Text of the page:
Because the Town's Wastewater Treatment Plant is at capacity, the Town has been unable to allow growth or development outside of the area served by the Chatham Park Water Reclamation Center, meaning that growth and development outside of Chatham Park have not been possible.  The current customer base and water/wastewater rates cannot cover the costs of these improvements, so there is a substantial financial challenge for a town of Pittsboro's size and resources. In response to these factors, the town has implemented a series of moratoriums on certain types of development. These moratoriums have been designed to give the town time to plan for and manage its growth in a sustainable way.


The town has implemented over 15 moratoriums or extensions of the moratoriums over the past 20+ years. These include moratoriums on new residential subdivisions, a moratorium on new commercial developments, and a moratorium on new industrial developments. Each of these moratoriums has been implemented for a specific reason and for a specific period of time. The impact of these moratoriums has been significant. On the one hand, they have allowed the town to take a step back and plan for its future growth in a more thoughtful and strategic way. On the other hand, they have also impacted the town's economy, particularly regarding new development and job creation.

As a result of these moratoriums and the capacity issues faced by the Town, discussions began in earnest in 2009 about upgrading existing or building new facilities to increase capacity. Some of these milestones include:

  • 2009 - Discussions and Study on a Public/Private Partnership between the Town, Chatham County, and Private Developers to build a regional wastewater treatment center.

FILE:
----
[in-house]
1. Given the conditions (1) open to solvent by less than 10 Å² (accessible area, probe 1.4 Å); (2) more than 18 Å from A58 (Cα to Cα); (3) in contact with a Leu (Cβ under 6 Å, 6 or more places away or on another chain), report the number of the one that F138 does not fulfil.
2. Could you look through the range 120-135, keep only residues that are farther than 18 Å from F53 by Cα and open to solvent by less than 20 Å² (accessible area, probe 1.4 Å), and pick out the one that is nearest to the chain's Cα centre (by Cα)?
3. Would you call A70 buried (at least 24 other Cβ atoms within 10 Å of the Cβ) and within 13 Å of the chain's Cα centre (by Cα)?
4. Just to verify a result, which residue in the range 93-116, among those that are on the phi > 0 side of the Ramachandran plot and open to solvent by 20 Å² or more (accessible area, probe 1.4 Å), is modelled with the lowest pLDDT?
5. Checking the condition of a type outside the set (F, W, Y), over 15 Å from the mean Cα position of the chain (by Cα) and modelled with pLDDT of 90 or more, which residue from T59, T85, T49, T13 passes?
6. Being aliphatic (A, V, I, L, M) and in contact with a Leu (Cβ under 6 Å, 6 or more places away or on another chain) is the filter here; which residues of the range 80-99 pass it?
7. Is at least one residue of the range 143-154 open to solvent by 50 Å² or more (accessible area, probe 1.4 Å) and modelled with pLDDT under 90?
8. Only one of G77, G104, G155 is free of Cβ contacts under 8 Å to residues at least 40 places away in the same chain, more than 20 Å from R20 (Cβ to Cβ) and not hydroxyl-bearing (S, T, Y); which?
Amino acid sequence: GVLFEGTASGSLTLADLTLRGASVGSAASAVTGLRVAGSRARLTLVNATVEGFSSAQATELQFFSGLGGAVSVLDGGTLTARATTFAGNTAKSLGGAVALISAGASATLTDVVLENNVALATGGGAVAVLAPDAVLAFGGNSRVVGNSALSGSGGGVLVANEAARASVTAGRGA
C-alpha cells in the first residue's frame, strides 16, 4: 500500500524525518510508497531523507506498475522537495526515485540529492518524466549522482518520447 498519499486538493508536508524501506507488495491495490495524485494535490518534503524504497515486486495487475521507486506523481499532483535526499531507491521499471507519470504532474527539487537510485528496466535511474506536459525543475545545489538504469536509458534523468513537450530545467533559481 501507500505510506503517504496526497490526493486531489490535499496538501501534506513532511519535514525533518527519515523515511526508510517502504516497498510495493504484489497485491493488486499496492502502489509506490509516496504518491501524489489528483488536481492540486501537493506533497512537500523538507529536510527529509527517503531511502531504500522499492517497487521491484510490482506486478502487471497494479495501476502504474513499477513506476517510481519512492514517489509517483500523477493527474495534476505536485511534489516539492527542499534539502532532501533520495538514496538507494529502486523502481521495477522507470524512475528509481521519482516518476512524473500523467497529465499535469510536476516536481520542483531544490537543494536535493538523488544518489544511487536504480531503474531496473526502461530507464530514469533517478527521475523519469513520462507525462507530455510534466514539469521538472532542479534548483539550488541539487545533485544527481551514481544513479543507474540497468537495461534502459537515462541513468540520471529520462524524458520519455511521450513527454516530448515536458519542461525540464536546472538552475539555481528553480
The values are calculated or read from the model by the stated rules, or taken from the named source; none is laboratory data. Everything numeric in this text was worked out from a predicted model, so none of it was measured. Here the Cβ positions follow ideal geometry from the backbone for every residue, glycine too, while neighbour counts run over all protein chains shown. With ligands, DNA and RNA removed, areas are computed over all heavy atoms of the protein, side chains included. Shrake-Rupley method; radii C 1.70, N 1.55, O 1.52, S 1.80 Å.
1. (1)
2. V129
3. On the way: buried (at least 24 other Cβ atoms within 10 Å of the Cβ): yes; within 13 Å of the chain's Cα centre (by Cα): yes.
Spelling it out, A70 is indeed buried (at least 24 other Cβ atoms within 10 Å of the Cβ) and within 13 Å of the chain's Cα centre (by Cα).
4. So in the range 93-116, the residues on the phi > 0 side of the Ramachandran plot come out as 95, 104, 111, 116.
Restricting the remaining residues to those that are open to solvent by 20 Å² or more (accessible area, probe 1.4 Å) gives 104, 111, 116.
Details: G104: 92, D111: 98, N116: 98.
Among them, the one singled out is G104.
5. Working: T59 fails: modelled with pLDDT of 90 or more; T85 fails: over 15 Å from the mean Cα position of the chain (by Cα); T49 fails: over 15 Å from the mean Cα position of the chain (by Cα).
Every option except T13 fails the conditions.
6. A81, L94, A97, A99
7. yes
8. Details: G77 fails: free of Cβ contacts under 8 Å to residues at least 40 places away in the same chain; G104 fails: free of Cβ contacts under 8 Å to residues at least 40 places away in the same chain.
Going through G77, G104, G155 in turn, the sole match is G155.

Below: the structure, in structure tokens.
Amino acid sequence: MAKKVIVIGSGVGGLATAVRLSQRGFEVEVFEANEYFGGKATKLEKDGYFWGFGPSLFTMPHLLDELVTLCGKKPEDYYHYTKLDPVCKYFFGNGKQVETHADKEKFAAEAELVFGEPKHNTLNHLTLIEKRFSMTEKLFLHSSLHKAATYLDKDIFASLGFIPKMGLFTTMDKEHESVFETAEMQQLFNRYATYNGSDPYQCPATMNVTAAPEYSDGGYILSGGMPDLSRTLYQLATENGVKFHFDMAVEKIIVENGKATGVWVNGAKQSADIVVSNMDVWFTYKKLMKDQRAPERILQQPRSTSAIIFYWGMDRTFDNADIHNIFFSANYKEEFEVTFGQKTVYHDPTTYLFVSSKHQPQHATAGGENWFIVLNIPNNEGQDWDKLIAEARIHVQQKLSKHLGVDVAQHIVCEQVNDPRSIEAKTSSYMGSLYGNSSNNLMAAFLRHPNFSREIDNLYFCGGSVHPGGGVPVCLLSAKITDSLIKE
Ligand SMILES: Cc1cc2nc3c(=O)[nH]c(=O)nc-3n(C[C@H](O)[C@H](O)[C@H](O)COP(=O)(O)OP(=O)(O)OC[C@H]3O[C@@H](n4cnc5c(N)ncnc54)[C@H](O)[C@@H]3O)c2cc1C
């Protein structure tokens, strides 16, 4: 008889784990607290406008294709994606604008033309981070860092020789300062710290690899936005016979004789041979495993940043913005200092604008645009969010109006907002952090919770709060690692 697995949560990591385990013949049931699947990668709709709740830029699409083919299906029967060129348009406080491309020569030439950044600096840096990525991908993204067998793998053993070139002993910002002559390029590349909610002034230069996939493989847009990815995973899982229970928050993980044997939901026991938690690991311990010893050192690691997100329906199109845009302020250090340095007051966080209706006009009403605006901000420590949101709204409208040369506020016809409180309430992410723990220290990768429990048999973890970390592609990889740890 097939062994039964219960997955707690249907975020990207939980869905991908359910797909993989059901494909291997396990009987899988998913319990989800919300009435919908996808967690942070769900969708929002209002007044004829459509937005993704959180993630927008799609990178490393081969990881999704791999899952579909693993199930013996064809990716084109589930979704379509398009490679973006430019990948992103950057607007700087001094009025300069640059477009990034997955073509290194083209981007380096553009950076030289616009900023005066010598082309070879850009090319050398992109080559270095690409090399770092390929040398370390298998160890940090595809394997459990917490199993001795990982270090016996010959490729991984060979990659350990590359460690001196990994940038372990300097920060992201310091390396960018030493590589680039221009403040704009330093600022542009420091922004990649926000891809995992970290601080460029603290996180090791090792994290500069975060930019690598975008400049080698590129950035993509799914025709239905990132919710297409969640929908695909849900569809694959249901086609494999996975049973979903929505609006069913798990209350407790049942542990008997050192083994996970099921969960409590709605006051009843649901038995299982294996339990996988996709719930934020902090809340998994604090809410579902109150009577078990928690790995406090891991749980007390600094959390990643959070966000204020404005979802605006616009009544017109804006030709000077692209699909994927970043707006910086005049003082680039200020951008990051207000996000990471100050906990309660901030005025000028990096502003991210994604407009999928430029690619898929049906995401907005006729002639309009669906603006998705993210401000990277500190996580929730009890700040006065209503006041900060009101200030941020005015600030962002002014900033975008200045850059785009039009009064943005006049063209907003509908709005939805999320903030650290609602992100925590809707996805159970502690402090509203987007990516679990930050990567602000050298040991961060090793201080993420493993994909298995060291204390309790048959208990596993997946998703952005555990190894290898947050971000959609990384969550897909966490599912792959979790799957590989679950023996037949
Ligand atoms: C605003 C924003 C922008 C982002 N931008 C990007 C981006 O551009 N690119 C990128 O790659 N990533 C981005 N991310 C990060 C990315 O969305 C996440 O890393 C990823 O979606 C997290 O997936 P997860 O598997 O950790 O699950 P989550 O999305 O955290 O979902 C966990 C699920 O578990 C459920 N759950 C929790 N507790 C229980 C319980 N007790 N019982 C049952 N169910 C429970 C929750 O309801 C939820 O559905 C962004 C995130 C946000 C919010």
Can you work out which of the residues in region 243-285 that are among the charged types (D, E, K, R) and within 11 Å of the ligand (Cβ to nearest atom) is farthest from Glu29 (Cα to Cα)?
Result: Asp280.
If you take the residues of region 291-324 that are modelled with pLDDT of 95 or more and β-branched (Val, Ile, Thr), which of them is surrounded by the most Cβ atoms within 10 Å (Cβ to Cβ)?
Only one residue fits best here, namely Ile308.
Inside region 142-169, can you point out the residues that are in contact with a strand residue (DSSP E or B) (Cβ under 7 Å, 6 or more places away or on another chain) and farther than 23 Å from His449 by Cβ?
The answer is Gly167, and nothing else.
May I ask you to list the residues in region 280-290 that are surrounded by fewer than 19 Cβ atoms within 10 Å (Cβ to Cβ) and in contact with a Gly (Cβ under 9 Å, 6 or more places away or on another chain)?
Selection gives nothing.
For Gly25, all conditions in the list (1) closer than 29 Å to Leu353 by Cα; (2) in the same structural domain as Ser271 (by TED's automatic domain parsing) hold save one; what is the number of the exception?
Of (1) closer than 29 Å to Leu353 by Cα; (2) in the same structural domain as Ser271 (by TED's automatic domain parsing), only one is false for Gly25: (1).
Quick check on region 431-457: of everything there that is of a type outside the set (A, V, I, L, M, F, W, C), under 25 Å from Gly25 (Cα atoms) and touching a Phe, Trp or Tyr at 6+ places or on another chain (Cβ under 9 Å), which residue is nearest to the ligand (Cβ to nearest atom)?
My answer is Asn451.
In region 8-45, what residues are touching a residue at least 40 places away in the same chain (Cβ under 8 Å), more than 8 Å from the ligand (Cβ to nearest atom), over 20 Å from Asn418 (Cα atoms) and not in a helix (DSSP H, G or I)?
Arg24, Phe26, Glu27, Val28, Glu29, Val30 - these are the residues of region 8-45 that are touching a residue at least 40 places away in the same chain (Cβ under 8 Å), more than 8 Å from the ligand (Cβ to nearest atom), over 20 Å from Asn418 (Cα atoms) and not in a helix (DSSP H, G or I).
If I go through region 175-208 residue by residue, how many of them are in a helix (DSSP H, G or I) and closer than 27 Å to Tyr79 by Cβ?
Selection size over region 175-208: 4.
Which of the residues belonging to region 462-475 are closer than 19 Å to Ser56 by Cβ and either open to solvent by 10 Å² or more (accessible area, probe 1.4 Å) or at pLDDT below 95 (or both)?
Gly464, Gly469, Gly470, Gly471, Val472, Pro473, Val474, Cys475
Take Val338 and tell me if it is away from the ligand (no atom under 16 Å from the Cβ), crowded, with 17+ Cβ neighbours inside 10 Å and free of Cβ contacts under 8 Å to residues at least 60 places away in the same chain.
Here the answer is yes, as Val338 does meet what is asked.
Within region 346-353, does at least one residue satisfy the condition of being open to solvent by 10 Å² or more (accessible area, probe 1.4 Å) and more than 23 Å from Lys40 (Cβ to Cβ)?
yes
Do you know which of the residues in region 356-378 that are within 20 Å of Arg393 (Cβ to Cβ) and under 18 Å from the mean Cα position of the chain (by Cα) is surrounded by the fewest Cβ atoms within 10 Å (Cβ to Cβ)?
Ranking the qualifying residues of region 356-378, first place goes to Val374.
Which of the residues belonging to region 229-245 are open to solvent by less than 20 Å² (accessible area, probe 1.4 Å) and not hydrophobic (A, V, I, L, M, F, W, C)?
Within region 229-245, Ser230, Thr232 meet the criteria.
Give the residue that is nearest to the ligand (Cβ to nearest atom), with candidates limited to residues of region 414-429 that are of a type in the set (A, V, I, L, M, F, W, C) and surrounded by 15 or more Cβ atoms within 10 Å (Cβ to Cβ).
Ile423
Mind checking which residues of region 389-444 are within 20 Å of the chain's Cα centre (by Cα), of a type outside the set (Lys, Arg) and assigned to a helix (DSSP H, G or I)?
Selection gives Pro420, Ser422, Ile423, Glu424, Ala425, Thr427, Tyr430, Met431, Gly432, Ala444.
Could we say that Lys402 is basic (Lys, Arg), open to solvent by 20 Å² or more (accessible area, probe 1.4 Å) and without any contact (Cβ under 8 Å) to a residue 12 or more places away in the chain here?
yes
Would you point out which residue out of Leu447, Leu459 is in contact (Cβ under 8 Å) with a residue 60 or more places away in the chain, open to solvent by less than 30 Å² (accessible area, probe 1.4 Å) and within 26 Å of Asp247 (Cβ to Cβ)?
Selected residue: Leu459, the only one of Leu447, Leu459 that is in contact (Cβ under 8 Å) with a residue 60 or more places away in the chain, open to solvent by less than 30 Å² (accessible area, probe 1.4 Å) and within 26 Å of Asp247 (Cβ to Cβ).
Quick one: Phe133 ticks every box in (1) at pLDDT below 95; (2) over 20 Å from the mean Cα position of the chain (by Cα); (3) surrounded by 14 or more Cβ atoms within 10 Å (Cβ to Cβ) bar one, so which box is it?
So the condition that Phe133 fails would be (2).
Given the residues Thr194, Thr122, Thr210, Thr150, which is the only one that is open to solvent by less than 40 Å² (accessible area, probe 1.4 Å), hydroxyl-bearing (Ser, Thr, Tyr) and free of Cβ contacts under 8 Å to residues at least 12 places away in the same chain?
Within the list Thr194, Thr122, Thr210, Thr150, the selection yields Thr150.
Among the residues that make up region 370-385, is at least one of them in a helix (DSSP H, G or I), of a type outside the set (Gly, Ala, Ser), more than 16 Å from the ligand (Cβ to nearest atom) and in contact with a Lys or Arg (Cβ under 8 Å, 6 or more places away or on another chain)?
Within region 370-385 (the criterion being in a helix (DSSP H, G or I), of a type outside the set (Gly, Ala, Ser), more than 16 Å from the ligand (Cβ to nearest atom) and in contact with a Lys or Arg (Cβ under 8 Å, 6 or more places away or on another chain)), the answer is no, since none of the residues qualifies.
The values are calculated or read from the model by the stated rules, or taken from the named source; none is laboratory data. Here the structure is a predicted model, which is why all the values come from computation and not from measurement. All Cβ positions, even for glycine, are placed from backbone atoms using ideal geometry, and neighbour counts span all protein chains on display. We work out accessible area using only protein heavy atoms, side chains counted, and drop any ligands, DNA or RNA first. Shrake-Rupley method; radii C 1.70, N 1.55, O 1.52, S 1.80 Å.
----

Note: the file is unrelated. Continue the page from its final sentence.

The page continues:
• 2011 - Discussed exploring a connection between the Town's Wastewater Treatment Plant and the City of Sanford to increase capacity.
  • 2014 - The Town requested qualifications for firms to upgrade the Wastewater Treatment Plant and to provide a Preliminary Engineering Report on building a wastewater force main to Sanford.
  • 2020 - The Town explored an Interlocal Agreement between the Town and the City of Sanford on a regional water and wastewater utility system.
  • 2021 - The Town entered into an Interlocal Agreement between the Town, the City of Sanford, Chatham County, the Town of Holly Springs, and the Town of Fuquay-Varina to study, design, and complete the construction of an 18 Million Gallon / Day wastewater treatment facility upgrade in Sanford to meet the needs of all the partners.

Discussions with Sanford

As a result of the studies, it was determined that a merger of the Town's and City of Sanford's water and wastewater systems was an economically and operationally viable option. As such, staff and elected officials from the Town and the City of Sanford began meeting in January of 2023 to discuss how a merger would work and to discuss the Interlocal Agreement. Final revisions to the Draft Interlocal Agreement are being made. The Board of Commissioners will hold a public hearing and discussion on the proposed merger on Monday, June 26th, 2023.